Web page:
Thursday, June 19, 2014

Revert a patch in most awesome way

If you are a Release Engineer, System Admin or Support Engineer you have definitely come across a requirement where you have to apply patches to the target systems be it production or non-production. I'm assuming that you are using some automated system to manage the patches i.e applying them and reverting them. In this blog I would be discussing about the standard way of patch management and how you can have an out of the box solution to revert your patch in most simplistic way and without much fuss. At the end of the blog I would like to see an expression where you will say what the hell it's so awesome yet so simple :).

People usually use some tool to apply patch to a target system which in addition to applying a patch also manage the history the patches so that it can be reverted in case the patch goes wrong. The patch history usually contains below details:
  1. The new files that were added in the patch, while reverting the patch those files should be deleted.
  2. The files that were deleted by the patch, while reverting the patch the deleted files should be restored back.
  3. The files that were modified by the patch, while reverting the patch the modified files should be restored back.

You can definitely create a tool that can revert the patch for you as the use cases are not much, but do you really need to put this much effort if you can have an out of the box solution for this. What if I tell you that we use git for managing our patch history and reverting them. As git comes with a local repository concept so we created a local git repository at our app server codebase location only. Git comes with all the file level tracking we map each patch with one git commit, so at the time of reverting a specific patch you can ask git to simply revert the commit for you.

Extra steps to be done after applying patch:
To make git track the changes done in patch, you just need to perform 2 extra commands

git add . : This command will track all the files that have been modififed, added or deleted in the system.
git commit -m "Applying Patch" : This command actually adds the files information tracked by previous command with a message in the git system


Steps to be done in reverting changes done by a patch:
Once you have all the information tracked in git it will become no-brainer to revert the patches.

To view the details of all the patches: You can use git log command that will provide you the list of all the patches that you have applied or reverts that you have done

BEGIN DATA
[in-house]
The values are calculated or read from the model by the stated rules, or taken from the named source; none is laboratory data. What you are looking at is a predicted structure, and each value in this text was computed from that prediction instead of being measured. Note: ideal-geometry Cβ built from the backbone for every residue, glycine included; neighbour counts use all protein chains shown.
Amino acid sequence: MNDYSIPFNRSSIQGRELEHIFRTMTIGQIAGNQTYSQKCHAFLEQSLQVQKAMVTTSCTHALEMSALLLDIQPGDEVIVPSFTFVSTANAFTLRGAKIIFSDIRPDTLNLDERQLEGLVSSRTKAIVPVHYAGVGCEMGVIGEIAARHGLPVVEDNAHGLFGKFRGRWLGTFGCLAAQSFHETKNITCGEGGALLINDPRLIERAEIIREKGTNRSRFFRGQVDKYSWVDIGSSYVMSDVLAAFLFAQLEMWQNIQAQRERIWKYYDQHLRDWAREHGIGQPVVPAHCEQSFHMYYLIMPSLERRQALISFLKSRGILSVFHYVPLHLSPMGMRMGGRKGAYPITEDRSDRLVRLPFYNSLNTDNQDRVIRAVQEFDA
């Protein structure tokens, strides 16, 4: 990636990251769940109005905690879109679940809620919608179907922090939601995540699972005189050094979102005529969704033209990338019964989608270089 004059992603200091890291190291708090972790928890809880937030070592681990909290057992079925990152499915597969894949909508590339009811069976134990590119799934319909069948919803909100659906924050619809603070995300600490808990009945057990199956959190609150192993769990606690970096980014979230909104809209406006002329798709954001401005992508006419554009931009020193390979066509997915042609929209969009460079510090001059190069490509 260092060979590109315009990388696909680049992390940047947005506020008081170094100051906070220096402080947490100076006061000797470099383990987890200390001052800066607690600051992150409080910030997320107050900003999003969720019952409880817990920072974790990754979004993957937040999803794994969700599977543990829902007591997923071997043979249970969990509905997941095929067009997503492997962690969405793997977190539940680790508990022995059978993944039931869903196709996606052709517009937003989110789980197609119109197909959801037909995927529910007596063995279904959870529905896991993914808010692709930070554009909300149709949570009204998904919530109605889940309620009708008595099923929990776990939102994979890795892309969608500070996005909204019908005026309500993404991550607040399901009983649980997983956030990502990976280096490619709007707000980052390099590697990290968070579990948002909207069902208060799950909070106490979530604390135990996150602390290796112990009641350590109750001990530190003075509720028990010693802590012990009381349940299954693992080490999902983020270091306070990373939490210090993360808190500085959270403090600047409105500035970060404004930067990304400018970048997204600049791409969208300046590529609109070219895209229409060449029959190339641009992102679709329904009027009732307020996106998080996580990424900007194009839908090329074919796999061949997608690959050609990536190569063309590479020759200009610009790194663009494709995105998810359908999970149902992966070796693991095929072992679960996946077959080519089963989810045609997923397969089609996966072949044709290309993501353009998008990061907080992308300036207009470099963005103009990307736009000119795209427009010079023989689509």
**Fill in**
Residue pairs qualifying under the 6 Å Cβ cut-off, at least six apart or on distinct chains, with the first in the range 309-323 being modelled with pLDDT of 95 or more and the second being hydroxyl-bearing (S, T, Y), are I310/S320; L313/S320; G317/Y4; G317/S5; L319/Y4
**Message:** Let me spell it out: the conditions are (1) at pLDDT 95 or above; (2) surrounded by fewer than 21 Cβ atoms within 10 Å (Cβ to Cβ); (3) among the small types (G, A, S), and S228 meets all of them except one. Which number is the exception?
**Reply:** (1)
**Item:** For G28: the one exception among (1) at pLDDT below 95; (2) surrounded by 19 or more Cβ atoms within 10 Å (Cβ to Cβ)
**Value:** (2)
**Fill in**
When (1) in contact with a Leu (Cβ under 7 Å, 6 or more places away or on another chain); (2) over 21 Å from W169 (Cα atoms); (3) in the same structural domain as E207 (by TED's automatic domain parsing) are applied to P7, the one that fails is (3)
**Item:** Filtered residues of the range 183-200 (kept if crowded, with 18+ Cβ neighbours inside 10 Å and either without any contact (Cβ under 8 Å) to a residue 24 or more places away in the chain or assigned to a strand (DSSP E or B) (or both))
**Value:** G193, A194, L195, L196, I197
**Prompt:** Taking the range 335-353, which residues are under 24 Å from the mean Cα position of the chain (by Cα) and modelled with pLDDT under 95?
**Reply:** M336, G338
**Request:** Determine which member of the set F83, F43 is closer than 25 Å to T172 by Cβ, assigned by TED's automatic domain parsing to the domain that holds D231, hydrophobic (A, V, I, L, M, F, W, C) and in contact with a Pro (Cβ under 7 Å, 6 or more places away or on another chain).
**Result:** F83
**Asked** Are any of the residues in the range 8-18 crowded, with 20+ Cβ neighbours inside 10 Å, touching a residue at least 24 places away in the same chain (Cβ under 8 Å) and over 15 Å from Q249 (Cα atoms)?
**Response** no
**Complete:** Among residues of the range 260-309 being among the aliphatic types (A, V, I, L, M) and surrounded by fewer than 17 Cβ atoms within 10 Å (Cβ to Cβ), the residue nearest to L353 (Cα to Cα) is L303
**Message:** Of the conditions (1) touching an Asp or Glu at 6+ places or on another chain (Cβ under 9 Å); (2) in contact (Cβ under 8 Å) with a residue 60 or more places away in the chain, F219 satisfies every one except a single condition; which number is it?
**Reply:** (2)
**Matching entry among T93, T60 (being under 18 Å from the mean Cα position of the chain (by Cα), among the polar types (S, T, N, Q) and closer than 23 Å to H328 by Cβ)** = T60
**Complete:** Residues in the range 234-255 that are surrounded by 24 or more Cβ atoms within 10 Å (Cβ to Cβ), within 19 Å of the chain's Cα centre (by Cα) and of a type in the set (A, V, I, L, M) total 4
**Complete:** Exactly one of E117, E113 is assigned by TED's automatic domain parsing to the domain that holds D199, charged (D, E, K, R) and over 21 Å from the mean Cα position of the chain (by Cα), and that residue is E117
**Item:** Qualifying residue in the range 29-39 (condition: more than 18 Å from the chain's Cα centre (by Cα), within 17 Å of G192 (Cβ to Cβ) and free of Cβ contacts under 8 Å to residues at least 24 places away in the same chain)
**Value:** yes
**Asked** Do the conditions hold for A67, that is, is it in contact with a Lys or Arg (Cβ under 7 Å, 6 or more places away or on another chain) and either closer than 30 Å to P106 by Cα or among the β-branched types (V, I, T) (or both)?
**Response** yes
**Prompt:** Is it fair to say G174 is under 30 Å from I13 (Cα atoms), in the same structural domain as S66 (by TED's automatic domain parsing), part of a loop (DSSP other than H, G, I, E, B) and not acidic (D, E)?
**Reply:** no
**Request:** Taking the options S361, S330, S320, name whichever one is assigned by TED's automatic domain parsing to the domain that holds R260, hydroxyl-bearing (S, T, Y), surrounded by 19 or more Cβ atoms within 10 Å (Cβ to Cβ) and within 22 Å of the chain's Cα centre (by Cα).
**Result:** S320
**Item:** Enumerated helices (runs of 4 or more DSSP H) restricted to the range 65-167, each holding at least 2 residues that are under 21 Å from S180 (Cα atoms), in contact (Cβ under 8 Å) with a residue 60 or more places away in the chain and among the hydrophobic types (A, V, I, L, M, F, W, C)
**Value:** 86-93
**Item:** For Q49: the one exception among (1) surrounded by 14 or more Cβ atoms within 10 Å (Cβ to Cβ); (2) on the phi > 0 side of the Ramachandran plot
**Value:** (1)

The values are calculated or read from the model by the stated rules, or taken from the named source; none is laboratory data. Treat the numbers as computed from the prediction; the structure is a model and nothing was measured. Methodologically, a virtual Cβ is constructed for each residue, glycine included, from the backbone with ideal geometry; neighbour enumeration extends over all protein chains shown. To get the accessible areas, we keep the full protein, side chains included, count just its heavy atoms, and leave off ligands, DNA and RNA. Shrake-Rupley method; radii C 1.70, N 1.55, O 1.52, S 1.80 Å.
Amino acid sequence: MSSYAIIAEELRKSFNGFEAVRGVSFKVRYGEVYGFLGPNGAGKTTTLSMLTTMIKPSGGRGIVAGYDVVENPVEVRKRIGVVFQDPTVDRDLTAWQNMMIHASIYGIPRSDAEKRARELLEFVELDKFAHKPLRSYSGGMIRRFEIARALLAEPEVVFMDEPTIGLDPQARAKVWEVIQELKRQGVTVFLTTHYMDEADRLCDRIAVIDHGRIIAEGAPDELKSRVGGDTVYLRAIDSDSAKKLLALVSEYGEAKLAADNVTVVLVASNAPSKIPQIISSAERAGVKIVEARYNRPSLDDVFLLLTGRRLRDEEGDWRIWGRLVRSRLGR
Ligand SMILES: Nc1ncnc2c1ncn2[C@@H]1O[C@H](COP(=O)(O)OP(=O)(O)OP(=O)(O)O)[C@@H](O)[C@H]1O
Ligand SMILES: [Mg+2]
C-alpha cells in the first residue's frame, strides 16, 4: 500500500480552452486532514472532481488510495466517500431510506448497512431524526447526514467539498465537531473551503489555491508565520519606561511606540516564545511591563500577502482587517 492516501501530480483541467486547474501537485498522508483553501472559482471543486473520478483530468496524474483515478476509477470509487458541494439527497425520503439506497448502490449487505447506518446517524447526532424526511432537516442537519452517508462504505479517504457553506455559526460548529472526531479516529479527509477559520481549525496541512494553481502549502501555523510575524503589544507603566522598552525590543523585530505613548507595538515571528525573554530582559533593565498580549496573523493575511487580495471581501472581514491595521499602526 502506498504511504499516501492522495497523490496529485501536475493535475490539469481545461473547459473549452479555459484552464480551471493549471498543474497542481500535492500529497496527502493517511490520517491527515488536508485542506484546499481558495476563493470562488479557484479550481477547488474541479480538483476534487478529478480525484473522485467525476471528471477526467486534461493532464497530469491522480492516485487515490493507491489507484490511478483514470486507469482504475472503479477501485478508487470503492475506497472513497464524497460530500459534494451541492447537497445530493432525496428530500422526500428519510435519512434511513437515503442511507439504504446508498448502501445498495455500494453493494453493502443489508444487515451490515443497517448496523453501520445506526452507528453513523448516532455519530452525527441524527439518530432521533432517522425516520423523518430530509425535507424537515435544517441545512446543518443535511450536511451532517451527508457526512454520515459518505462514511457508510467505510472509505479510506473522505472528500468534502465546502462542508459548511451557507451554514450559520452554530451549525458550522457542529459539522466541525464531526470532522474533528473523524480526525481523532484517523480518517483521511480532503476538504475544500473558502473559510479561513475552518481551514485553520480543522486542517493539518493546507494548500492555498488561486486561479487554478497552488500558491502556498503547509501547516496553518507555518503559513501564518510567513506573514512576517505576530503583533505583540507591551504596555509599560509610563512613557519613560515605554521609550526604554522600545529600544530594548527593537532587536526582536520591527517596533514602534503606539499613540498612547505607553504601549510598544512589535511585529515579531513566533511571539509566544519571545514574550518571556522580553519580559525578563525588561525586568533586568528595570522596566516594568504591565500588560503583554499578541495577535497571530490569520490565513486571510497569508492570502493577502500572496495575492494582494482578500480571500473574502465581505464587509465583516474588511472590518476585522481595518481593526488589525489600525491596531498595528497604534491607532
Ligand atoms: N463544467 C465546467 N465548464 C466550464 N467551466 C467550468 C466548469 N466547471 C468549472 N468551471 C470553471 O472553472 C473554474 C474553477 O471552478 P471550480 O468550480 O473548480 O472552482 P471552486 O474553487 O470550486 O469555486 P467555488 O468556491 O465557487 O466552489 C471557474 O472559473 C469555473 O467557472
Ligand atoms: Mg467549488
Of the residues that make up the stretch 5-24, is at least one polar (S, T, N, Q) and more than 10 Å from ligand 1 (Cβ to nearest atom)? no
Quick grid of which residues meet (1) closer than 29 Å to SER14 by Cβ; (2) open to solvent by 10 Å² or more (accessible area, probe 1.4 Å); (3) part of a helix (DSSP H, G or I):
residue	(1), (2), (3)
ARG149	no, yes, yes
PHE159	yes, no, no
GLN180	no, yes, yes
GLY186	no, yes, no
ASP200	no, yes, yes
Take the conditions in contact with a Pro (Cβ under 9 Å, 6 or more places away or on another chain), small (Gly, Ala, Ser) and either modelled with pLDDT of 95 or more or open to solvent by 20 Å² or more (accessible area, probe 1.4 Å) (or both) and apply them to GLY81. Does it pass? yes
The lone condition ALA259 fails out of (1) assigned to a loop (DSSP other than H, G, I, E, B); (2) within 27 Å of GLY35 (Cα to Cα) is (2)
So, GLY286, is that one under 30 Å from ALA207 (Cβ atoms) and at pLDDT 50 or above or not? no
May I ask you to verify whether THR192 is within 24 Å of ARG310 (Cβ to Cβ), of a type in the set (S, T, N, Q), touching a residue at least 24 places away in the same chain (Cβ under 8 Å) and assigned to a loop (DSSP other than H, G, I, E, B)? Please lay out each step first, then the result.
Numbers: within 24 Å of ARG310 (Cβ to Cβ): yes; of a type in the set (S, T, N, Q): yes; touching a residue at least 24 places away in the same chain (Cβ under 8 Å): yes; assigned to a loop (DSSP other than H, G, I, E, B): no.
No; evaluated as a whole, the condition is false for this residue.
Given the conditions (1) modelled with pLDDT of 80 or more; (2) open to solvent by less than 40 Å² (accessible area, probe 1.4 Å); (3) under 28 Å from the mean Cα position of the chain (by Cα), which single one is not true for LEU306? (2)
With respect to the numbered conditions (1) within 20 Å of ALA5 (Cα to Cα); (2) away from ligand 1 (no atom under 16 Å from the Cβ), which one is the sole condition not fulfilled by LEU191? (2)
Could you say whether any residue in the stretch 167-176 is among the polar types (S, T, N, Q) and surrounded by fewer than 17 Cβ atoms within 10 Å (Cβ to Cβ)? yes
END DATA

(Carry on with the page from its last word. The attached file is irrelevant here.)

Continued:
sandy@sandy:~/test/app1$ git log
commit f622f1f97fc44f6897f9edc25f9c6aab8e425049
Author: sandy
Date:   Thu Jun 19 15:19:53 2014 +0530

    Patch 1 on release2

commit 9a1dd81c7799c2f83d897eed85914eecef304bf0
Author: sandy
Date:   Thu Jun 19 15:16:52 2014 +0530

    Release 2

commit 135e04c00b3c3d5bc868f7774a5f284c3eb8cb29
Author: sandy
Date:   Thu Jun 19 15:16:28 2014 +0530

    Release 1


Now Reverting a patch is as simple as executing a simple command git revert, with the commit id of the patch

git revert f622f1f97fc44f6897f9edc25f9c6aab8e425049
[master 0ba533f] q Revert "Patch 1 on release2"
 1 file changed, 1 deletion(-)


If you run git log command, you will see the patch revert history as well

sandy@sandy:~/test/app1$ git log
commit 0ba533fda95ed4d7fcf0b7e6b23cd1a5589946a7
Author: sandy
Date:   Thu Jun 19 15:20:24 2014 +0530

    Revert "Patch 1 on release2"
   
    This reverts commit f622f1f97fc44f6897f9edc25f9c6aab8e425049.

commit f622f1f97fc44f6897f9edc25f9c6aab8e425049
Author: sandy
Date:   Thu Jun 19 15:19:53 2014 +0530

    Patch 1 on release2

commit 9a1dd81c7799c2f83d897eed85914eecef304bf0
Author: sandy
Date:   Thu Jun 19 15:16:52 2014 +0530

    Release 2

commit 135e04c00b3c3d5bc868f7774a5f284c3eb8cb29
Author: sandy
Date:   Thu Jun 19 15:16:28 2014 +0530

    Release 1



I hope this blog has given you a very different perspective of managing the patches, let me know your thoughts about this. Also if you have such more ideas do share with me.